Gender Diversity & The Nines

Gender Diversity & The Nines

November 13, 2013 by

The Nines is an online church conference happening yesterday and today. And yesterday a smackdown came courtesy of Rachel Held Evans:

An awkward conversation followed on Twitter, with some helpful comments and some less so.

Oh boy. Not a fun situation for a conference trying to help churches.

So can local churches learn anything from this little exchange?

1. Diversity Matters
It’s time we embrace diversity—all kinds of diversity, including gender, race, culture, class, etc. It’s not about diversity for diversity’s sake, but there’s so much we can learn from different perspectives. The wider world is learning this lesson, albeit slowly, and the church needs to get on board. The church should have been leading. During the civil rights movement we were, but today the church is still one of the most segregated places in American society.

Local churches need to find ways to embrace diversity. Learn more about why diversity matters from Scott Williams and Trillia Newbell. We even took a lesson in diversity from 13th century hero Bar Sauma in our Church Communication Heroes ebook.

2. It’s Hard to Achieve
While only four women out of 110 speakers is a clear failure in gender diversity, it’s also clear the Leadership Network and Todd Rhoades, the folks behind The Nines, understand the importance of diversity (they just blogged about it Monday). Some of the talks at The Nines even cover it, this year and in the past. But the problem (and Rachel’s frustration) is that despite knowing it, the lack of diversity continues.

Todd says they invited more women but didn’t get a response. The intentions were good, but the results didn’t deliver. Sometimes we only see the result and it’s easy to assume a malicious intent. But achieving diversity is hard. Being diverse in the Midwest, where it’s 80% white, can be a challenge. It’s something you have to continually work at. Diversity doesn’t happen by accident.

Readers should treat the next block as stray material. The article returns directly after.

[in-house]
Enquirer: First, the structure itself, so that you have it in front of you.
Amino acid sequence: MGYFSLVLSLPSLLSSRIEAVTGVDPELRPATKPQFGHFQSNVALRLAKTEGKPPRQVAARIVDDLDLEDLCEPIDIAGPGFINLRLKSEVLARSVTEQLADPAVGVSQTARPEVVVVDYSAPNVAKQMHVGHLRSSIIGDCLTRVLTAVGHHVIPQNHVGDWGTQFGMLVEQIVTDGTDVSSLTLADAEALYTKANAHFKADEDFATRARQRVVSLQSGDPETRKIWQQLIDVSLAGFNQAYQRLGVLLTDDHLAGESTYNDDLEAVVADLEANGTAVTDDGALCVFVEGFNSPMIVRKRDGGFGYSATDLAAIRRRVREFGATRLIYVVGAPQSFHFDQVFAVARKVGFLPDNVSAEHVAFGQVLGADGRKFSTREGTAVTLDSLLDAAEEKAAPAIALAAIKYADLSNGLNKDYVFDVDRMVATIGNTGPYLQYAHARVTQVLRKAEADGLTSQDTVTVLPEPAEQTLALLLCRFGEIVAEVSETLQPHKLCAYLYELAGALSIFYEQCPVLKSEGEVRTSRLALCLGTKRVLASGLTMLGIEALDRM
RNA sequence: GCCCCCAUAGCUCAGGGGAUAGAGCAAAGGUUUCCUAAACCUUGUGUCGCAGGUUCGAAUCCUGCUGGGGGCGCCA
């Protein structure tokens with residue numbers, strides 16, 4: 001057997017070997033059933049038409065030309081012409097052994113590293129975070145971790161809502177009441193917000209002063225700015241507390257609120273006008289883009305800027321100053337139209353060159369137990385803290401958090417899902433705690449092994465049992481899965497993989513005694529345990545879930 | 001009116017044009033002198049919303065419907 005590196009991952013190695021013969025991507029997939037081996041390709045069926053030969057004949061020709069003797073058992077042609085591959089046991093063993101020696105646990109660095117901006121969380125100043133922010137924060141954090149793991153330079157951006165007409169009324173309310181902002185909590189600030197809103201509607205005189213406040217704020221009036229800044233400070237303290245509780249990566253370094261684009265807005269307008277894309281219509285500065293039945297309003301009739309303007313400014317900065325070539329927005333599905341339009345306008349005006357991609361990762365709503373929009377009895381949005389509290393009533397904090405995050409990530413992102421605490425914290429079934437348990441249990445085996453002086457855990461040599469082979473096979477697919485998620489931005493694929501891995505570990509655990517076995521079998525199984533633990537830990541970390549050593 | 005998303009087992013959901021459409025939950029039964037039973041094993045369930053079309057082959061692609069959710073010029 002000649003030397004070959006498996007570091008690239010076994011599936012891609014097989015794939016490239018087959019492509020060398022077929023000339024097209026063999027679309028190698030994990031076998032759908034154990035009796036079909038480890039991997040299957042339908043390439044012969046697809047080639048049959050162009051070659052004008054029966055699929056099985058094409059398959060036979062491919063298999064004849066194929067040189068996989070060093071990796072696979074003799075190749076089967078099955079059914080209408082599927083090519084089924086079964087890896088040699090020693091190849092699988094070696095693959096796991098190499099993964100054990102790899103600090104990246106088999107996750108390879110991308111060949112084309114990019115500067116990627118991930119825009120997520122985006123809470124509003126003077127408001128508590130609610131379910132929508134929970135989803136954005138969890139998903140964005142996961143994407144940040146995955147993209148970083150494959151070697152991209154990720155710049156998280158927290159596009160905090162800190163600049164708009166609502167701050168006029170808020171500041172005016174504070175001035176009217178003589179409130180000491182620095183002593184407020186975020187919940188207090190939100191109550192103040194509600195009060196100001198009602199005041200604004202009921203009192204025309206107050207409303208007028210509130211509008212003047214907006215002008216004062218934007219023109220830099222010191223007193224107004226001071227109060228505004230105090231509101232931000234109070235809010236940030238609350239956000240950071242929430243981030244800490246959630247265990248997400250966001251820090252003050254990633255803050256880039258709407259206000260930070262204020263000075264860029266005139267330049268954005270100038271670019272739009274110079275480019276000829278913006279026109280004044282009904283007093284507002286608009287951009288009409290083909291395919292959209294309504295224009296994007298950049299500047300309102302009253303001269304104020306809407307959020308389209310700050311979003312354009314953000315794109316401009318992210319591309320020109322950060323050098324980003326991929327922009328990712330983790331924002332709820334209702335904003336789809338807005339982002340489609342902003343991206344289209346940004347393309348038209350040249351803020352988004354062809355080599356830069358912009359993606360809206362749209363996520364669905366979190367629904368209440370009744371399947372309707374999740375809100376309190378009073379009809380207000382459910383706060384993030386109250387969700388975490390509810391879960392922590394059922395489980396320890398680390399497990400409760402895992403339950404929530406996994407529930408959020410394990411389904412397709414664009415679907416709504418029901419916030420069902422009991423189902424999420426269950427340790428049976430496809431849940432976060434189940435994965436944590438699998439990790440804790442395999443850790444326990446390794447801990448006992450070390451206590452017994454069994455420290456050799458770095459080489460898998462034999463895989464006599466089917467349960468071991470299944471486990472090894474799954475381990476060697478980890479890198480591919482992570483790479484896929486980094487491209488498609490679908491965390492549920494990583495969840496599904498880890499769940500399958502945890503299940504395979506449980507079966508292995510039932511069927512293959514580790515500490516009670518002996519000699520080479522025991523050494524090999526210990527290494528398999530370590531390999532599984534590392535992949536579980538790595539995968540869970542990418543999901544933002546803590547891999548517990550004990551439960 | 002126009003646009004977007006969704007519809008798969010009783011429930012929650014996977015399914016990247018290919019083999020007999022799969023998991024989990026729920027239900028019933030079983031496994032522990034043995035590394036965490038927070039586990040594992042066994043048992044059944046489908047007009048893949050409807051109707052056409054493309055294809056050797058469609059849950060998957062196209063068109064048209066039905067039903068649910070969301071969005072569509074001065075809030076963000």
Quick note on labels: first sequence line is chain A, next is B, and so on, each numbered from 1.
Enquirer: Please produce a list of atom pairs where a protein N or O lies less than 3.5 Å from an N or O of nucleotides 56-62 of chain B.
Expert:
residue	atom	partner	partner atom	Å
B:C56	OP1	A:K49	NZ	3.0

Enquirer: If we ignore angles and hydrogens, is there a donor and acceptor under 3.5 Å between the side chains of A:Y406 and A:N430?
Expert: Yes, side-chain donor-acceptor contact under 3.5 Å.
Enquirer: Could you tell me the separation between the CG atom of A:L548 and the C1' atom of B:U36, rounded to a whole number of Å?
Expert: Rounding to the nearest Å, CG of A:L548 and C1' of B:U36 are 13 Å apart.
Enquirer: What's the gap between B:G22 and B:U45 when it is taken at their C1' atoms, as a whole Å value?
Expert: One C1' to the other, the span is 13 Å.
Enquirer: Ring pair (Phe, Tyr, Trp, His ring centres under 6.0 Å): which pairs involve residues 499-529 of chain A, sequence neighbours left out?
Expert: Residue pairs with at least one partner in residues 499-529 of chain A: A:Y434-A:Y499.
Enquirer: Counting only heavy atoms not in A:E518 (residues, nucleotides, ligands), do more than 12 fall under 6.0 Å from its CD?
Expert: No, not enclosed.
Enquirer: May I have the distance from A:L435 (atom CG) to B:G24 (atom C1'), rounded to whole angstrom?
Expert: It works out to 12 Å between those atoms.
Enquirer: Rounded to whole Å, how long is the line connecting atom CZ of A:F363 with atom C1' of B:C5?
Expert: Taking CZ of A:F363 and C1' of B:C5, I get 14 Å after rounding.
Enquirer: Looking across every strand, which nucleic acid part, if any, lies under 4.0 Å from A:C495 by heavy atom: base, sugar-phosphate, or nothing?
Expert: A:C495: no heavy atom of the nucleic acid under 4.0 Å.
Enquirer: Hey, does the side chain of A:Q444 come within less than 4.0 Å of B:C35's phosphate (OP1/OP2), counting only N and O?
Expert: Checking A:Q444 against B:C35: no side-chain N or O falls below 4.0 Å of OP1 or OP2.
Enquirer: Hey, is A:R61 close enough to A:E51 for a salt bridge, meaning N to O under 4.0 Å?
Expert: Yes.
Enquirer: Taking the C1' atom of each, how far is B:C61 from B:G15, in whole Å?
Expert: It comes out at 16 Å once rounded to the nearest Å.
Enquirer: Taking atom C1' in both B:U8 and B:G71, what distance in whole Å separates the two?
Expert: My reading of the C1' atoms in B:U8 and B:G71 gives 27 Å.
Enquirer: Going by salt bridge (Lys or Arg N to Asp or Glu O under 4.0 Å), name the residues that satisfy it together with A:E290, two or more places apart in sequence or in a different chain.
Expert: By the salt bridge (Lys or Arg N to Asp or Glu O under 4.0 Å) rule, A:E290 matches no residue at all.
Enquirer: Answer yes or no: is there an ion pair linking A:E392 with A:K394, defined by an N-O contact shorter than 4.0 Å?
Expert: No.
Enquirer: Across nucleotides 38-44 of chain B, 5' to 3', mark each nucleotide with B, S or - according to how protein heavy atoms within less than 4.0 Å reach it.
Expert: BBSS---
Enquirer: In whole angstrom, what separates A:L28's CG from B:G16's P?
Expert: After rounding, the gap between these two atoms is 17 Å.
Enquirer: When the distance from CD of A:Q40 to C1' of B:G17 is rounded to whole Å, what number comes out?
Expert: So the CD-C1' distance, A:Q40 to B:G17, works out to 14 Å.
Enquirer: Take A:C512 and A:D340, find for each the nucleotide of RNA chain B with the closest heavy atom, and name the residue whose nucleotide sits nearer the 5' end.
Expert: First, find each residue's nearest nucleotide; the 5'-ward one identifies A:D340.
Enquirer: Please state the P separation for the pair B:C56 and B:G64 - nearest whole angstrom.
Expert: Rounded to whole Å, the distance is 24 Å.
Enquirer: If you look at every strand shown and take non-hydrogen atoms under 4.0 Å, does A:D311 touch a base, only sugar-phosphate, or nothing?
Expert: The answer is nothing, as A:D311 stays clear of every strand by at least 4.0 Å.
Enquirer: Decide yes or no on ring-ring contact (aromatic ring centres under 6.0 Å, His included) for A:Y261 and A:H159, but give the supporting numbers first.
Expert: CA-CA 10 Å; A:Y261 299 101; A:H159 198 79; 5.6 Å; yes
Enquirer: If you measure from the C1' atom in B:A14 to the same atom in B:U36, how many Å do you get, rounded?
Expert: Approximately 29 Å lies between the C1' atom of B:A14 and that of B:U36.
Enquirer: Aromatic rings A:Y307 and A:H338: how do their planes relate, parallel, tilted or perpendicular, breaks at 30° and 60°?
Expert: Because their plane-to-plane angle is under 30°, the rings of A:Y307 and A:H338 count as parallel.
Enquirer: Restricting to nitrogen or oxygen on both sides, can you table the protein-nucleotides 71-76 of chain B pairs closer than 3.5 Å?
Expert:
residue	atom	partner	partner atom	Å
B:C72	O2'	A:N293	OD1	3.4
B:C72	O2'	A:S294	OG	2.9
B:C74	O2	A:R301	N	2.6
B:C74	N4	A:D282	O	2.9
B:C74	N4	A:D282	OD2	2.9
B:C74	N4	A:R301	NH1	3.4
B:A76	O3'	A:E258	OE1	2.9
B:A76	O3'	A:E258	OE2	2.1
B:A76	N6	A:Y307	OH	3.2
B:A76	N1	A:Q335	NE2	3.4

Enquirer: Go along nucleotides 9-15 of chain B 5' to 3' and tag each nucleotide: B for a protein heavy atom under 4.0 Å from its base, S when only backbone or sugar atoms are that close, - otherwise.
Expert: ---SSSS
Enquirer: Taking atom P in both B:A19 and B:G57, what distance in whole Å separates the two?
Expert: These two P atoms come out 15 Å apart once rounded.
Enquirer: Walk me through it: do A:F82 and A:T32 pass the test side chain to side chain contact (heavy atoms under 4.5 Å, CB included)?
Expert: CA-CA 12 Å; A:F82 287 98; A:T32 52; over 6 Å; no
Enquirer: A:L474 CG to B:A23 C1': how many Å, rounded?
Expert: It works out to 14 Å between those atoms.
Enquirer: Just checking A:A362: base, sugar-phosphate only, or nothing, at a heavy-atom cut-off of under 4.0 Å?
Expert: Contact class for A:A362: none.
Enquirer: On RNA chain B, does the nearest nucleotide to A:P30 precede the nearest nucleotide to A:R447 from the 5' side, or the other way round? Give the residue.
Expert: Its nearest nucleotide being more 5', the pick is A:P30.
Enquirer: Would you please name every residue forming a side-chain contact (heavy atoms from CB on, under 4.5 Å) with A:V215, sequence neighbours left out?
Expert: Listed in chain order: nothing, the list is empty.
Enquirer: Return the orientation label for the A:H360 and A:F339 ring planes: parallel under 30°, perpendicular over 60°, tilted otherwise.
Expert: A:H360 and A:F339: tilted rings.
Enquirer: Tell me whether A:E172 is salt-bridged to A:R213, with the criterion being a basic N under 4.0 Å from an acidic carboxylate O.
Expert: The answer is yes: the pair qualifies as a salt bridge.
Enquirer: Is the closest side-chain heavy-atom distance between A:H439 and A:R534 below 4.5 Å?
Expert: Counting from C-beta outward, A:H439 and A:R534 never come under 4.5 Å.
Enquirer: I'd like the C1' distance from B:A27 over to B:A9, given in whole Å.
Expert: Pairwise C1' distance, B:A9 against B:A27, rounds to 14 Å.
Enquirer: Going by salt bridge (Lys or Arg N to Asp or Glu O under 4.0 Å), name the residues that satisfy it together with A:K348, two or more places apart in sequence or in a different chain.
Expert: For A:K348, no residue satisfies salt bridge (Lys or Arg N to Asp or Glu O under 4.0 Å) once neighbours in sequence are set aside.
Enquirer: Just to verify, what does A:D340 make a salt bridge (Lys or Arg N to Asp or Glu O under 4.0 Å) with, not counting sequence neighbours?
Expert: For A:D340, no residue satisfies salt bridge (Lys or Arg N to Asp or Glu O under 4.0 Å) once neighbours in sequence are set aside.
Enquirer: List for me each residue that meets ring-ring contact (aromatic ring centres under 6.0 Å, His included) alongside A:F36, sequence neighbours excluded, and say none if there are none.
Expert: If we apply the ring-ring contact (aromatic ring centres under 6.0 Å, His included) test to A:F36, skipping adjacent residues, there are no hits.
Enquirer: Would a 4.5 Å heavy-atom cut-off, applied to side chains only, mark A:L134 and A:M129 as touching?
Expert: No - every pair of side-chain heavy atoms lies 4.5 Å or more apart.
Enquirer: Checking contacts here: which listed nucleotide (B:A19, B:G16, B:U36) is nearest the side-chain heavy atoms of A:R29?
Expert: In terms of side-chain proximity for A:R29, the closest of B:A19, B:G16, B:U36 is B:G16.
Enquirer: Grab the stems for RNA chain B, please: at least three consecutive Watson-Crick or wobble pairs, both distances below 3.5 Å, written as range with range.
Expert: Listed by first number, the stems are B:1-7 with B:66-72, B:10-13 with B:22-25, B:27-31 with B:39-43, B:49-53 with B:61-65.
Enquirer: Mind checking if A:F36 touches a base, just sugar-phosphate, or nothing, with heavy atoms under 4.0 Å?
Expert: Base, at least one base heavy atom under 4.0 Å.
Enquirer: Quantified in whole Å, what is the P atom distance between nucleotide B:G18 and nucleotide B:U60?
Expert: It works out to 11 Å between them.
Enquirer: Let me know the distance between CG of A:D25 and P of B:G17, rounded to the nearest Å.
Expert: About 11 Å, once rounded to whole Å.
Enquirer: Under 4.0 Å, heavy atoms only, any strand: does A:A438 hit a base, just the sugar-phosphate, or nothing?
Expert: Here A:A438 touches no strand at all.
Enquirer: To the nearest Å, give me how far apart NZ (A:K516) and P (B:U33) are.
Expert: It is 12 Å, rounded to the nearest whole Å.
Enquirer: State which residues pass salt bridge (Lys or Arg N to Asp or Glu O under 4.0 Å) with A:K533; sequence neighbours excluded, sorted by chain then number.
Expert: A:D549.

Don’t expect your church to become diverse overnight. You have to work at it. Don’t be discouraged if it takes a while for your results to match your intentions. And if you’re on the sidelines watching, be careful not to judge intent from the results. We could all use a little grace.

Full disclosure: Sometimes we succeed and sometimes we fail. Our nonprofit parent, the Center for Church Communication, has had a number of women on our board of directors (yay!), but right now it’s mostly guys (doh). Our new ebook profiled diverse heroes—only five of the 15 were white men (yay!), but our recent Certification Lab was led by all guys (doh). We’re not perfect either.

3. It’s Hard to Talk About
Not only is diversity hard to achieve, but simply talking about it is hard. Some of the comments between Todd, Rachel and others who jumped in were becoming defensive, snide and in some cases rude. Defensive and even snide is understandable—it’s a tough conversation—but it’s not helpful. I think in some cases Todd was trying to be funny, but Rachel (and many others) saw it as patronizing. Social media invites the off-hand comment and being easily misunderstood, which only complicates a conversation like this.

I think inviting Rachel to speak next year and asking for suggestions for next year’s speaker list were good steps. But then explanation started to sound like excuse or even blame.

Talking about diversity is difficult and painful—remember Deadly Viper? Or the 2004 Rickshaw Rally VBS that generated an apology earlier this month? It’s tough on both sides of the discussion.

Understanding and forward progress can only come with openness and grace. As you have these conversations in your church, be honest. Acknowledge the difficulty, pain and even embarrassment (no one likes to be accused of racism, sexism, etc.). Don’t let explanation become excuse or blame. Don’t be dismissive. Own your role and responsibility, even if it means embracing failure. Avoid accusations. Don’t confuse a failure in results with a poor intent. Be willing to work together for a better result. Don’t complain if you’re not willing to help.

These will be hard conversations for your church, so you need to approach them with special care.